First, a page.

In a statement released Monday, the Department of Transportation and Communications (DOTC) will later this week introduce a new category to the public-transport sector to include ride-sharing services, thereby legalizing Uber in the Philippines after more than a year of unregulated operations.
It marks the first time the likes of Uber have been given the green light to operate on a national scale without any issues whatsoever. The announcement comes in the heels of months of collaboration between the department, the Land Transportation Franchising and Regulatory Board (LTFRB), and ride-sharing companies.
Under the DOTC’s revised classification of public vehicles, Uber will be grouped into the Transportation Network Vehicle Service (TNVS) category, which is limited to sedans, vans, AUVs, SUVs, and similar vehicles that are no older than 7 years. In addition, Uber operators will be held to the same standards as their traditional counterparts. For Uber drivers, that means screening and registration with the LTFRB is mandatory.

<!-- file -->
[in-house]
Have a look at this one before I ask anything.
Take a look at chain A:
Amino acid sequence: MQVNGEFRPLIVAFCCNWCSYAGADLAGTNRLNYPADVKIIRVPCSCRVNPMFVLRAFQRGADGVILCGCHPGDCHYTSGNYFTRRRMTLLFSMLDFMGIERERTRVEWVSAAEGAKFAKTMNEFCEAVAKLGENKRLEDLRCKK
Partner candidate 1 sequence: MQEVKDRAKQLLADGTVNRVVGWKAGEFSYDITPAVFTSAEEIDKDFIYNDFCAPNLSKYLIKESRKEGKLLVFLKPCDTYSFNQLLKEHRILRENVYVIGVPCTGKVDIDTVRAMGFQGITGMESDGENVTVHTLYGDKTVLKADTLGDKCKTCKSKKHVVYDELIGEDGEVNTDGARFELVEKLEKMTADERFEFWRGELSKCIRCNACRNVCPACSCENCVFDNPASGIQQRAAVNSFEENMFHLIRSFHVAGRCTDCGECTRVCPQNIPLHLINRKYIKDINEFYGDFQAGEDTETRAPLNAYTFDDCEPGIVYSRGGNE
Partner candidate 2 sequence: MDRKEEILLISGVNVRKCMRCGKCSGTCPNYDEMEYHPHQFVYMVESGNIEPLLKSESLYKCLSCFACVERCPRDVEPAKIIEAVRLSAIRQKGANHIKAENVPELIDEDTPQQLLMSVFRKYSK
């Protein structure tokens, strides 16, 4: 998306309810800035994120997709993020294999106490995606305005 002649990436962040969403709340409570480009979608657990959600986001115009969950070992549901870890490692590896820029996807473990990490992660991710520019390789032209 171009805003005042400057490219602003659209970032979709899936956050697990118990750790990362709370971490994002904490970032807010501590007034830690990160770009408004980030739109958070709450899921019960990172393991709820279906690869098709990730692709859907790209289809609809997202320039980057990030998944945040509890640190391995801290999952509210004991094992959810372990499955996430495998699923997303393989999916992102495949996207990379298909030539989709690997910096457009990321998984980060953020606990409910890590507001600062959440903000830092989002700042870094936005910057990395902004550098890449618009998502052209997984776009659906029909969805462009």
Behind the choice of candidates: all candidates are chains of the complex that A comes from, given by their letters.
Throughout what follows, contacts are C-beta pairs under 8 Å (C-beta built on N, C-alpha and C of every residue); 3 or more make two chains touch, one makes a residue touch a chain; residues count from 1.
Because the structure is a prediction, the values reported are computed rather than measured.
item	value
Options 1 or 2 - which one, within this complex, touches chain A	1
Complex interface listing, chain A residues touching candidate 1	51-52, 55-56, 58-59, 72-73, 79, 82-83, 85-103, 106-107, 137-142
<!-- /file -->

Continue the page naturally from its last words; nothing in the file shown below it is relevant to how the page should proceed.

Speaking on the revision, DOTC Secretary Jun Abaya said, “We view technological innovation as a driver for progress, especially in transportation where it can provide safer and more convenient commuting options to the public. App-based transport services help address the increasing demand for mobility spurred by rapid urbanization.”
The DOTC also plans to adopt a new standard, this time for cab-hailing services like GrabTaxi and Easy Taxi, allowing upscale taxis equipped with GPS and payment systems for cashless transactions to legally ply the streets of Metro Manila and beyond.
MY TAKE: Finally. As a frequent Uber user myself, I couldn’t be happier, though it’s fair to suggest that the ride-sharing app has already received a warm welcome from the public even before the Philippine government came into the picture.
I find that it’s easier and faster to hail an Uber now than it was a year ago, even if the chances of winding up seated behind someone who has zero knowledge of the streets of Metro Manila — and would be quick to admit to such — happens with increasing frequency.
And don’t get me started with drivers who cancel bookings at the last minute, those who run traffic signs, those who drive like it’s their first time behind the wheel, or those who drive like it’s their last. For Uber riders at least, the inexorable rise of owners and drivers has proven to be a double-edged sword.
And I’m fine with that, because the alternative is infinitely worse. Getting a decent cab ride in Metro Manila, let alone a decent cab that isn’t a decade removed from its best days, is a rarity now. Here’s hoping Uber actually delivers on the promise of better transport options outside of the service itself. We all know this country needs them badly.